BAHA MAR STATEMENT
“The ruling by the Supreme Court of The Bahamas - appointing a provisional liquidator with limited authority and scheduling the winding up petition two months from now - provides Baha Mar with further time to move forward with its efforts to resolve issues so that it can complete construction properly and open successfully as soon as possible.
“Today has been an important day for Baha Mar - one that gives us further confidence that we will succeed in our efforts. We are pleased that, in making its ruling, the Bahamian Supreme Court has made it quite clear that the present intention is to not have Baha Mar liquidated or its management replaced. In fact, the judge specifically wants to make sure that Baha Mar’s assets are preserved - which is a priority we all share.
“We are confident that Baha Mar will succeed and that the provisional liquidator will not only confirm that Baha Mar is not wasting assets but, that Baha Mar has designed the most expeditious path to move forward with the completion of the project, as Baha Mar has contended all along.
“With the distraction of this proceeding behind it, Baha Mar and its counterparties can focus on the tasks at hand, free form the uncertainty that the petition had caused.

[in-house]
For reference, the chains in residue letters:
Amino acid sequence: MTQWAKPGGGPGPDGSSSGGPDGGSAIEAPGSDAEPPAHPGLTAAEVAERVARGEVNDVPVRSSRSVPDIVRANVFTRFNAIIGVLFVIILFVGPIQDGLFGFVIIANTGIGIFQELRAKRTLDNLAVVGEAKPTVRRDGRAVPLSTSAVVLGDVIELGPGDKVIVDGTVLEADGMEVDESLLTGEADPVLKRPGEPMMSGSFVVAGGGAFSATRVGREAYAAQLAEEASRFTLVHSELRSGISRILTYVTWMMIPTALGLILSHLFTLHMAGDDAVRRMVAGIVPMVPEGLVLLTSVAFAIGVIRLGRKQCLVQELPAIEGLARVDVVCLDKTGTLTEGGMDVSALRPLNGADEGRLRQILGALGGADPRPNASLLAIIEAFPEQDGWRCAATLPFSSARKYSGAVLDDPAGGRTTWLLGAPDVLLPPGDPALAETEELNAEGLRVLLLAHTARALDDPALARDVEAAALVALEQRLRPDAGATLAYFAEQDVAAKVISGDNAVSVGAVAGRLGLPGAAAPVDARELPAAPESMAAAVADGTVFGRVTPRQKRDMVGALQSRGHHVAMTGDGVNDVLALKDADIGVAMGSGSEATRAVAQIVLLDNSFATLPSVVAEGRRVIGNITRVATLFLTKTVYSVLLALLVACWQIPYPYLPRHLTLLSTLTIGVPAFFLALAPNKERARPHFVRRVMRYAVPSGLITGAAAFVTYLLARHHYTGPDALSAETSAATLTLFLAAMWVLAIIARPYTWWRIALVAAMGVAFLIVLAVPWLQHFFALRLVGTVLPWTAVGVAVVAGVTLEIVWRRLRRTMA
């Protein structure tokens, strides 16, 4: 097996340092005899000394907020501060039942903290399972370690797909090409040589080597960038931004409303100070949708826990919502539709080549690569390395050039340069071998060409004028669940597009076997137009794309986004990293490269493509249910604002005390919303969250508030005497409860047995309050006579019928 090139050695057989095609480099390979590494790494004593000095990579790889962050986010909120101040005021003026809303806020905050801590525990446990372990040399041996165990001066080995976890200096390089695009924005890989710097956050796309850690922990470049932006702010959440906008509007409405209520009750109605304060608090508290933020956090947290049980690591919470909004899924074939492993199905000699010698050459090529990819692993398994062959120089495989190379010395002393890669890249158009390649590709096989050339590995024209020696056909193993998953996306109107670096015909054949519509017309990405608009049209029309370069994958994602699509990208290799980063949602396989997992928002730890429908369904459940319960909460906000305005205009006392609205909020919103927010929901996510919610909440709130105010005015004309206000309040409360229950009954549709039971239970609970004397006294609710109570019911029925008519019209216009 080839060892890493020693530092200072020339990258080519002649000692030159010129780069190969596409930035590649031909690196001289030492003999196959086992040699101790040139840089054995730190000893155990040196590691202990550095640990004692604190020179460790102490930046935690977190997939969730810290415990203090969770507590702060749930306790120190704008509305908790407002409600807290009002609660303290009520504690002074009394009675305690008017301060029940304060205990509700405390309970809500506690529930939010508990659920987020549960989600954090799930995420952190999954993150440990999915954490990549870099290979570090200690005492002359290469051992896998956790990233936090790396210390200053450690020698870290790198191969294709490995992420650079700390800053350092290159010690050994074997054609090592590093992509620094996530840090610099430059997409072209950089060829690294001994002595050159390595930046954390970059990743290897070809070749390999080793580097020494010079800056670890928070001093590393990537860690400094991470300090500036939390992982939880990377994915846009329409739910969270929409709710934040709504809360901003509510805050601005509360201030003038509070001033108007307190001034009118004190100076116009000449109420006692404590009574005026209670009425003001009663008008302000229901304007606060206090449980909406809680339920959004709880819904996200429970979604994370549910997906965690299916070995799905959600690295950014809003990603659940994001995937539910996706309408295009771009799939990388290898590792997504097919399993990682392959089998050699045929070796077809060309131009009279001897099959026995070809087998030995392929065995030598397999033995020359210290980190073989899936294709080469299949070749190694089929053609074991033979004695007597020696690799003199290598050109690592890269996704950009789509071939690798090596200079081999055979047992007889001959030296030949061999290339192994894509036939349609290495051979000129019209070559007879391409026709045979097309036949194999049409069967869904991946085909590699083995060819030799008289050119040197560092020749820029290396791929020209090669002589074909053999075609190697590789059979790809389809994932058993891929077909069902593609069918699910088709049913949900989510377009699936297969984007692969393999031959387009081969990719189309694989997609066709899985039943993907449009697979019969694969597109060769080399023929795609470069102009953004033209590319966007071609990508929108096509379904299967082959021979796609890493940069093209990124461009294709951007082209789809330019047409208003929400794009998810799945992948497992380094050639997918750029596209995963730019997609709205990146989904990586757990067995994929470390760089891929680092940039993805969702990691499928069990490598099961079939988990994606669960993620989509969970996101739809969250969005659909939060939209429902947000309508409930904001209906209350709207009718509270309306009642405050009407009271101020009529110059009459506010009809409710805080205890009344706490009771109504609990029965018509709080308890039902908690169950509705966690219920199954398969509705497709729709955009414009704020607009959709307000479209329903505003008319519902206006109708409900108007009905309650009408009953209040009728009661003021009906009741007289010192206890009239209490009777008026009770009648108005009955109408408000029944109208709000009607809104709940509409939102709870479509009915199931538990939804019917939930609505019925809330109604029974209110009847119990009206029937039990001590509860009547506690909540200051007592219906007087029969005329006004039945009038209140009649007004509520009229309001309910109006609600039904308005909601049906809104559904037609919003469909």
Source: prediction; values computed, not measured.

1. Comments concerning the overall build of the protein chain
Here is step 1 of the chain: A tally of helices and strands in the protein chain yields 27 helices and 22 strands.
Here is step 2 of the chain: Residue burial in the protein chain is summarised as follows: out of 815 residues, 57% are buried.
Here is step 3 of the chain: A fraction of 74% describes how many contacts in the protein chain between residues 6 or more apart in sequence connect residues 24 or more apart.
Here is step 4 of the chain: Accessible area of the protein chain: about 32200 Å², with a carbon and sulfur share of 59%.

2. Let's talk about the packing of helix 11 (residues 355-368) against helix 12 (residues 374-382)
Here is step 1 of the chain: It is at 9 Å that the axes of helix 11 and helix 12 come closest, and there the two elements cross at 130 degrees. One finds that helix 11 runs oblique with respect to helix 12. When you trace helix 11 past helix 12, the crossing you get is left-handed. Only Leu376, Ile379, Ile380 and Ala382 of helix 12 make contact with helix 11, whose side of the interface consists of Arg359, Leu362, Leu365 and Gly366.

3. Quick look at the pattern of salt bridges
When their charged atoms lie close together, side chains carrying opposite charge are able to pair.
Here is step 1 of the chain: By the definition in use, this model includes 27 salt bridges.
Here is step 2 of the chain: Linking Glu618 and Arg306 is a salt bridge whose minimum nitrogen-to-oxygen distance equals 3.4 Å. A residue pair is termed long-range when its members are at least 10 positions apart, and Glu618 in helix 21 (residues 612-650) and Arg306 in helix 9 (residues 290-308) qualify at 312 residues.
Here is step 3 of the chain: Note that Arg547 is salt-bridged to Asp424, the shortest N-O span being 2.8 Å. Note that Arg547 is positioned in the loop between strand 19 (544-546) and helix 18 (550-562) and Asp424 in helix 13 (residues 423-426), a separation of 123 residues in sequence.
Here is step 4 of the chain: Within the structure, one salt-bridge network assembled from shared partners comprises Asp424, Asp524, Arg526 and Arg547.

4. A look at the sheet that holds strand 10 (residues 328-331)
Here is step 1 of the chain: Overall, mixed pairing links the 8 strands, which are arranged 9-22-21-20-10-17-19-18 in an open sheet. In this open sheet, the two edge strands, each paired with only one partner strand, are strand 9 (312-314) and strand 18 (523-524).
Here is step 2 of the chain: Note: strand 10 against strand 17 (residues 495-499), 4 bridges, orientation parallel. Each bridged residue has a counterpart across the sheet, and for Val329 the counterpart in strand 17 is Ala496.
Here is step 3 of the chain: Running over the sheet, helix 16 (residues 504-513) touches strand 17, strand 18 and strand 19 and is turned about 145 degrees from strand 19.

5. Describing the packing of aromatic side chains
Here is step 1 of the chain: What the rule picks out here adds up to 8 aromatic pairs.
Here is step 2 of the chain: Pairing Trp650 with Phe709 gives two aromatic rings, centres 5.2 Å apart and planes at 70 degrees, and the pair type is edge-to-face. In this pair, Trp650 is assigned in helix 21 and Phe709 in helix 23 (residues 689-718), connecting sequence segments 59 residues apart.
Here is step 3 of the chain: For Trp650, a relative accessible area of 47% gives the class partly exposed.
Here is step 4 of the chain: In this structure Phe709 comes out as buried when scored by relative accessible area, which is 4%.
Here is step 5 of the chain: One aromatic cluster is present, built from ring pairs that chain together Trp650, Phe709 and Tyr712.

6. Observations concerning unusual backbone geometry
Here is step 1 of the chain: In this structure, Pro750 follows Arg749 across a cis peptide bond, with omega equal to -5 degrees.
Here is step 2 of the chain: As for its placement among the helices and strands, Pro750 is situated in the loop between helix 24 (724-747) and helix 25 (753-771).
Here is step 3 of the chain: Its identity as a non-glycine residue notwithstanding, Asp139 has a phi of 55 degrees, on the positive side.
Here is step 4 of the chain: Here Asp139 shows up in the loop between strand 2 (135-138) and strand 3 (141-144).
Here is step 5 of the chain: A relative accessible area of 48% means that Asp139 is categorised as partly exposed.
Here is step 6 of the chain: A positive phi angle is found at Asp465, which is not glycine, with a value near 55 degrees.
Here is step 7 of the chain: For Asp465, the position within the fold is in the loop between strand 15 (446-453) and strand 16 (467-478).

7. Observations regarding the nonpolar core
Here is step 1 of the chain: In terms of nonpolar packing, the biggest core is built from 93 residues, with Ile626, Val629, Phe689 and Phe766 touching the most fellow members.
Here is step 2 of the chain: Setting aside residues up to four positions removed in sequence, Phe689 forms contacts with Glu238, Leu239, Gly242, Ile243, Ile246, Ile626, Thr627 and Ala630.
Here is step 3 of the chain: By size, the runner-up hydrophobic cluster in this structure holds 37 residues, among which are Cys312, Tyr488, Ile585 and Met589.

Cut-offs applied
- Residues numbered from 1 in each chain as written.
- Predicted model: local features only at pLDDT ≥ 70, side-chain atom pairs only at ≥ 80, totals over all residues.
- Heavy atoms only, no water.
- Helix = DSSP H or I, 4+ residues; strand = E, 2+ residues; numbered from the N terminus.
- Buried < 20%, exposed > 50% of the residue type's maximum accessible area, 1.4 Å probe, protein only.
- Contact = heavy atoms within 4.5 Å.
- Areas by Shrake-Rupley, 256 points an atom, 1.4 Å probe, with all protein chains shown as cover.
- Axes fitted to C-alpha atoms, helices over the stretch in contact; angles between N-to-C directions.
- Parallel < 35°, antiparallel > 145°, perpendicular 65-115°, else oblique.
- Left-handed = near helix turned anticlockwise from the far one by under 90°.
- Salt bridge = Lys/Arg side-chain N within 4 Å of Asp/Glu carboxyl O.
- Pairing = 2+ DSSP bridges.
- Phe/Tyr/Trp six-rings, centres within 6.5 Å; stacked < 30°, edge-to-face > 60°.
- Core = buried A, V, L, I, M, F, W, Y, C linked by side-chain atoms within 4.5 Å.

“Baha Mar is 97% complete. The Chapter 11 process is underway. Baha Mar has developed a plan of reorganization under the Chapter 11 process. This plan is now before the US Court. The plan is the best alternative. It is designed to enable Baha Mar to have a sound financial structure and to put Baha Mar in a position from which it can move forward to be completed properly and open. The plan effectively addresses Baha Mar’s creditor obligations, including paying in full all valid claims of Bahamian creditors and the Government of The Bahamas.
“We expect the provisional liquidator to work alongside us for the best interests of Baha Mar and The Bahamas.”
By LAMECH JOHNSON
Tribune Staff Reporter
JUSTICE Ian Winder said on Friday that his approval of the government's petition for the appointment of provisional liquidators for the stalled Baha Mar resort development was limited to preventing the depletion of the $3.5 billion resort's assets.
His approval of KRyS Global and AlixPartner Services UK came at the end of a full six-hour hearing which included the near 90 minutes it took him to read his written ruling into the record concerning the three days of proceedings last month.
The written ruling, he said, will not be available until Monday due to the need to make clarifications to the document.
Justice Winder adjourned the continuation of the proceedings (the winding up petition) to November 2 to allow the parties time to make the necessary plans to reach a solution and/or applications to himself or the Court of Appeal concerning his rulings in this matter.
Though he did not accept the government’s ground that the petition should be granted in the interest of the public, Justice Winder determined that government had made a sufficient case, in law, for the appointment of provisional liquidators as the development, “on the evidence” is “undoubtedly insolvent”.